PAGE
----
Why did the Civil Rights movement in the United States become fragmented after 1966?

8 August 2016

It is safe to say that the main reason as to why the civil rights movement became fragmented after 1966 was the major ideological splits that had developed within the movement to civil rights for African Americans. Examples include; the rise of black power, the adoption of more radical tactics by certain civil rights groups such as the SNCC and CORE, and the ideological splits among those involved within the civil rights movement.

The rise of the concept of the Nation of Islam gave birth to the concept of a separate, ‘blacks only’ state, which clearly undermines the work of Martin Luther King to bring about inclusion and equality of rights and freedoms for African Americans. In addition, there was an ideological split towards the use of violence in the flight for civil rights. Around the year in question, organisations such as the SNCC and CORE began to adapt more violent, radical methods.

Why did the Civil Rights movement in the United States become fragmented after 1966? Essay Example

To give an example in 1966, after the resignation of James Farmer as the leader of CORE, the organisation adopted more and more radical principles and methods, an example of this is the expulsion of white members from the organisation. This was a clear influence from the Black Power movement and Malcolm X’s input into the civil rights movement. This movement and this man, who at one point was a member of the Nation of Islam, felt that more violent methods were needed in order to raise awareness of the economic and social struggles of African Americans.

However, groups such as the NAACP and the SCLC, the latter of which Martin Luther King was a member held the belief that through peaceful protest and using the law and constitution in their favor, they could; not only bring about the gain of civil rights for African Americans, resulting in racial equality, but they could also bring about the inclusion of African Americans into American society, which was criticized by members of other groups as they felt that as African Americans had not been accepted in mainstream, white American society in the past, so they were not going to be accepted in the future.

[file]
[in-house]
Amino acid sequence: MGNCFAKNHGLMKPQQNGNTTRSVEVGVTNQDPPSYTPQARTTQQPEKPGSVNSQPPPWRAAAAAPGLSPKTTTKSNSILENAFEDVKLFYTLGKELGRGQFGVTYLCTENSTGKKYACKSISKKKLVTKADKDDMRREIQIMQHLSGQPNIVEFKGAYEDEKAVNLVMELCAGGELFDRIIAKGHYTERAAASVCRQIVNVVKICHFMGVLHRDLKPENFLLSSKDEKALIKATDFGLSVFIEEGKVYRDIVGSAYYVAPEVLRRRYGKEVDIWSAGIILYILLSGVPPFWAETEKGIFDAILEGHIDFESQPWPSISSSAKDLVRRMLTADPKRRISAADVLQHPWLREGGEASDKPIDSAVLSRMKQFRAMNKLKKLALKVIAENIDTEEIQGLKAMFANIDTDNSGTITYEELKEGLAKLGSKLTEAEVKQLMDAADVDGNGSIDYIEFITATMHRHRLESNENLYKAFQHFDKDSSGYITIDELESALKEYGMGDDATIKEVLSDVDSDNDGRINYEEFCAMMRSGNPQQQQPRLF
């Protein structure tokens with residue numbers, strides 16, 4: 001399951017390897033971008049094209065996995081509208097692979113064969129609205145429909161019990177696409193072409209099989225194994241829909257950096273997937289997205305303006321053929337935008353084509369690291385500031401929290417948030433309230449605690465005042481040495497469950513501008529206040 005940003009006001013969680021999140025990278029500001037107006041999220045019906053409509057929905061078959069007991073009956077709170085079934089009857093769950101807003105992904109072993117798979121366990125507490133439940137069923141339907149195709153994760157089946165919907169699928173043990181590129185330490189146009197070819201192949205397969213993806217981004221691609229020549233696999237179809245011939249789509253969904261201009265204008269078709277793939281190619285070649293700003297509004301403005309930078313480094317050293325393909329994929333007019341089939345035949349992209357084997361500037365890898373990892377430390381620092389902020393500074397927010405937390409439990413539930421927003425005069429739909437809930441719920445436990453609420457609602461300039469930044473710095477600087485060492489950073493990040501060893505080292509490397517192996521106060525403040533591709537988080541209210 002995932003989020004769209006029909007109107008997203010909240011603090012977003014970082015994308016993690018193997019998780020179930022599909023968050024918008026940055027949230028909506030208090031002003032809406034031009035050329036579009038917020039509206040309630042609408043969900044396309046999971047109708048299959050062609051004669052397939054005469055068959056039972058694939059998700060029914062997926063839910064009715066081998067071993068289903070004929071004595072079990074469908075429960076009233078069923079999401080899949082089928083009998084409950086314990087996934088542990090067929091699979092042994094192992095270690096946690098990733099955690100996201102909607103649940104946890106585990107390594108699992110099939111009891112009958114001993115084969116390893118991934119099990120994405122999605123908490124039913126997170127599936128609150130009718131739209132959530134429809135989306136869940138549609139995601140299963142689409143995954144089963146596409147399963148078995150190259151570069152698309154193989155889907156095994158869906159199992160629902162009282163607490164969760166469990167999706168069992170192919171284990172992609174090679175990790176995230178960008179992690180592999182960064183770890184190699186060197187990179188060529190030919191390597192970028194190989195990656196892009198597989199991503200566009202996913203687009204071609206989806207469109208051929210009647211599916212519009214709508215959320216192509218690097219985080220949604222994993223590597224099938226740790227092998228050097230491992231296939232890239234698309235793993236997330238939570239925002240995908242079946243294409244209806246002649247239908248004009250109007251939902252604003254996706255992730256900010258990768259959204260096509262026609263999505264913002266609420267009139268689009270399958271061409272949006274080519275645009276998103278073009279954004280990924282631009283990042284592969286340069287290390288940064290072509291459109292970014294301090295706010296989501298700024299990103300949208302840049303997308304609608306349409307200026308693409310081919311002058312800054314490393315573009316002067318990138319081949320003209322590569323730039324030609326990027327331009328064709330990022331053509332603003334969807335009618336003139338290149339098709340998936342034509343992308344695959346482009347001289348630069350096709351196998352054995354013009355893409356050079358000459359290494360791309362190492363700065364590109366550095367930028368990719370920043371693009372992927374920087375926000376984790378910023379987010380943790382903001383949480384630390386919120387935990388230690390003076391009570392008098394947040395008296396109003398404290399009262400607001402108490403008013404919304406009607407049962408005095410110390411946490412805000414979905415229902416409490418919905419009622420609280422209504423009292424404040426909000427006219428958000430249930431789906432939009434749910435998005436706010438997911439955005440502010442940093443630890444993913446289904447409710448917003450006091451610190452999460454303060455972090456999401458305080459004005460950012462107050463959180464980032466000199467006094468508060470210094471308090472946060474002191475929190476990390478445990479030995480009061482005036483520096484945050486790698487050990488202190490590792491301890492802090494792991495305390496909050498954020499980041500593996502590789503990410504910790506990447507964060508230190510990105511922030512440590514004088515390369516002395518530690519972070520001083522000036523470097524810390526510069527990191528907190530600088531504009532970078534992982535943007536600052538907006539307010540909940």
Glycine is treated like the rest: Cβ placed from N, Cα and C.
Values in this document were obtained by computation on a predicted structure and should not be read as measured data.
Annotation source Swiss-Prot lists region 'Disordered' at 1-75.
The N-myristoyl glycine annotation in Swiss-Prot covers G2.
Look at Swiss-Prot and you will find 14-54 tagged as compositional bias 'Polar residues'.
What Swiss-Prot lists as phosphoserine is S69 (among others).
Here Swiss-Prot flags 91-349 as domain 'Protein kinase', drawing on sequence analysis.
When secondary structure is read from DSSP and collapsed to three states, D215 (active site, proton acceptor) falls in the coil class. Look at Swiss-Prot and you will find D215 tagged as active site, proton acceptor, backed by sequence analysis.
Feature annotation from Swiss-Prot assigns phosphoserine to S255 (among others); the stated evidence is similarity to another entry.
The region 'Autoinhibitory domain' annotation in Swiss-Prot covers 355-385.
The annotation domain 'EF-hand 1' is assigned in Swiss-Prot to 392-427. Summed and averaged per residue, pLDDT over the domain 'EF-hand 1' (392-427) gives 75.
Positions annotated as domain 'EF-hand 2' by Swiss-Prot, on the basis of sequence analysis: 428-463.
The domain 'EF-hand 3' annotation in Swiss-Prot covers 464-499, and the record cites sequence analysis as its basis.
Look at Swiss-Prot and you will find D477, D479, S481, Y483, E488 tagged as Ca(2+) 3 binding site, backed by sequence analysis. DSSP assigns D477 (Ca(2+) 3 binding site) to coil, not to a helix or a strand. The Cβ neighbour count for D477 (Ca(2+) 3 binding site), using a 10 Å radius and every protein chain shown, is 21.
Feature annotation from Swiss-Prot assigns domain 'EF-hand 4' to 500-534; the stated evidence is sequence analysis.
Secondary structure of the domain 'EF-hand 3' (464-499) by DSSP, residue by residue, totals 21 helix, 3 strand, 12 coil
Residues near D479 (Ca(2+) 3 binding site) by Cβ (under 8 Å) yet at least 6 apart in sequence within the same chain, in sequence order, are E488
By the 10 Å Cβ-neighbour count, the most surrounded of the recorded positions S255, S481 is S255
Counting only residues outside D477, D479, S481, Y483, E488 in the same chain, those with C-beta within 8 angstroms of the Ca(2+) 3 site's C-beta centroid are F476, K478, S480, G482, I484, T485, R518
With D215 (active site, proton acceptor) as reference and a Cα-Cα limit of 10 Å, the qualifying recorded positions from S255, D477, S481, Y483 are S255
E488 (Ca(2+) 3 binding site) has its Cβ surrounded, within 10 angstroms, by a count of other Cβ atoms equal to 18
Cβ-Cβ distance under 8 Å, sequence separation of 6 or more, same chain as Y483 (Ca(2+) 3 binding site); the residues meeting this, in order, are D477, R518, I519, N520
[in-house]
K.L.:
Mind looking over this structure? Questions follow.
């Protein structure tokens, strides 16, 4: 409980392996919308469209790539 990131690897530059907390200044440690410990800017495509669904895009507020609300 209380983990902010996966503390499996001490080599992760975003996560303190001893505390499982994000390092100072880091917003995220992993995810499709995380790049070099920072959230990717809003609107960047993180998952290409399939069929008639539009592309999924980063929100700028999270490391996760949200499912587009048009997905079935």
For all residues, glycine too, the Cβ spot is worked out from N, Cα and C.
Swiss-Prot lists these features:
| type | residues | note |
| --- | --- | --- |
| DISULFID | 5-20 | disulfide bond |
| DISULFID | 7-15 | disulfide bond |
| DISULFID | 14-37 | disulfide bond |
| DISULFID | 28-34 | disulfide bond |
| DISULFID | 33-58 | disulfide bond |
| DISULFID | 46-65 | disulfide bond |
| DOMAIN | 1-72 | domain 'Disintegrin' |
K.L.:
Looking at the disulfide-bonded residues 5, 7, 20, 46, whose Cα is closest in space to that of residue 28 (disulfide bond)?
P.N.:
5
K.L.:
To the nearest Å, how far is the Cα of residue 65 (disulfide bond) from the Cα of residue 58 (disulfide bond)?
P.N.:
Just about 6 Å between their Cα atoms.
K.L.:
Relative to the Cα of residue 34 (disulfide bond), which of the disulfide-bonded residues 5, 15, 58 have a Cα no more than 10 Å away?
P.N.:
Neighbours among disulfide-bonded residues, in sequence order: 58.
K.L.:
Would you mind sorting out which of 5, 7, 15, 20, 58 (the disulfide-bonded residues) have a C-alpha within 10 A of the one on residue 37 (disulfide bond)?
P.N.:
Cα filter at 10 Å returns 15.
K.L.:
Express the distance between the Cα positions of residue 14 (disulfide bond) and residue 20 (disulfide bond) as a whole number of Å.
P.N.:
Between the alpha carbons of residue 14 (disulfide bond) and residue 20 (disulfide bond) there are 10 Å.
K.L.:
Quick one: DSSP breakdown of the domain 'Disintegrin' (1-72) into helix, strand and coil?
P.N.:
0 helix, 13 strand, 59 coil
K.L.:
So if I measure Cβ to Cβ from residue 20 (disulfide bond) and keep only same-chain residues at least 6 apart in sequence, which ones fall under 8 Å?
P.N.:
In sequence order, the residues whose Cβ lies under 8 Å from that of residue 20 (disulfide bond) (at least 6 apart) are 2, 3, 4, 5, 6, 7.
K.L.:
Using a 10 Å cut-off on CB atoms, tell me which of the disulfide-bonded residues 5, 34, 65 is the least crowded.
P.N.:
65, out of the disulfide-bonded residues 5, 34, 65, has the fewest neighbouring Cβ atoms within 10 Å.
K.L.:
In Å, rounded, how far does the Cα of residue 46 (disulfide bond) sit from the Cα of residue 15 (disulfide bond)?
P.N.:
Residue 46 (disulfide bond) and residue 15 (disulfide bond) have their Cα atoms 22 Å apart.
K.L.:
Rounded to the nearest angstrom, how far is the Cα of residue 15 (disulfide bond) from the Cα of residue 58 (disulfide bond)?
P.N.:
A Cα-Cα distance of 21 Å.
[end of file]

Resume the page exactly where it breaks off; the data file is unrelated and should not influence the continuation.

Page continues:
These groups were also criticized further by the radicals of the civil rights group, who felt that the NAACP and CORE as they felt, and expressed the opinion that Blacks should be prepared to react to violence, through any means possible. Furthermore, in addition to this, Martin Luther King was criticized by other groups. They felt that he dominated the movement and had too much influence over the movement, and was a glory seeker, using the campaigns to make a name for himself. Certain members of certain groups felt that he was controlled by a white government.

This was a clear indication that there were great ideological splits within the civil rights movement. In addition to the personality that was Martin Luther King, James Farmer who was the leader of CORE between 1942 and 1966, spoke at the Washington March three years before his resignation, resigned from the position as leader due to CORE’s increasing radicalization, of adopting more violent methods, moving away from the method of peaceful protest, for example sit-ins that they had used in the past, and moving away from trying to create, not a more inclusive society, but a more separated one.

Another ideological split in the campaign for civil right was the disagreement to which de jure change could bring about de facto change. For example, taking the example of the US Supreme Court ruling that segregation was acceptable, providing that the facilities and amenities were of an equal standard. This was de jure change, but de facto the facilities provided to blacks were of a poor standard, are were certainly not par with those provided for whites.

In addition, taking a later example, some of those involved in the civil rights movement were of the opinion that de jure the 1964 Civil Rights Act brought equal rights for African Americans but de facto the African American community still were not equal as this Act did not cover the voting rights of African Americans, and it was not until the 1965 Voting Rights Act that Africans were, legally equal to white Americans.

Others disputed that due the social and economic hardship from which African Americans were suffering; they still were not equal to whites. Therefore, in conclusion, the reason as to why the Civil Rights movement became fragmented after 1966 was because of the apparent ideological splits that existed among certain people, groups and organisations that were involved within the movement.

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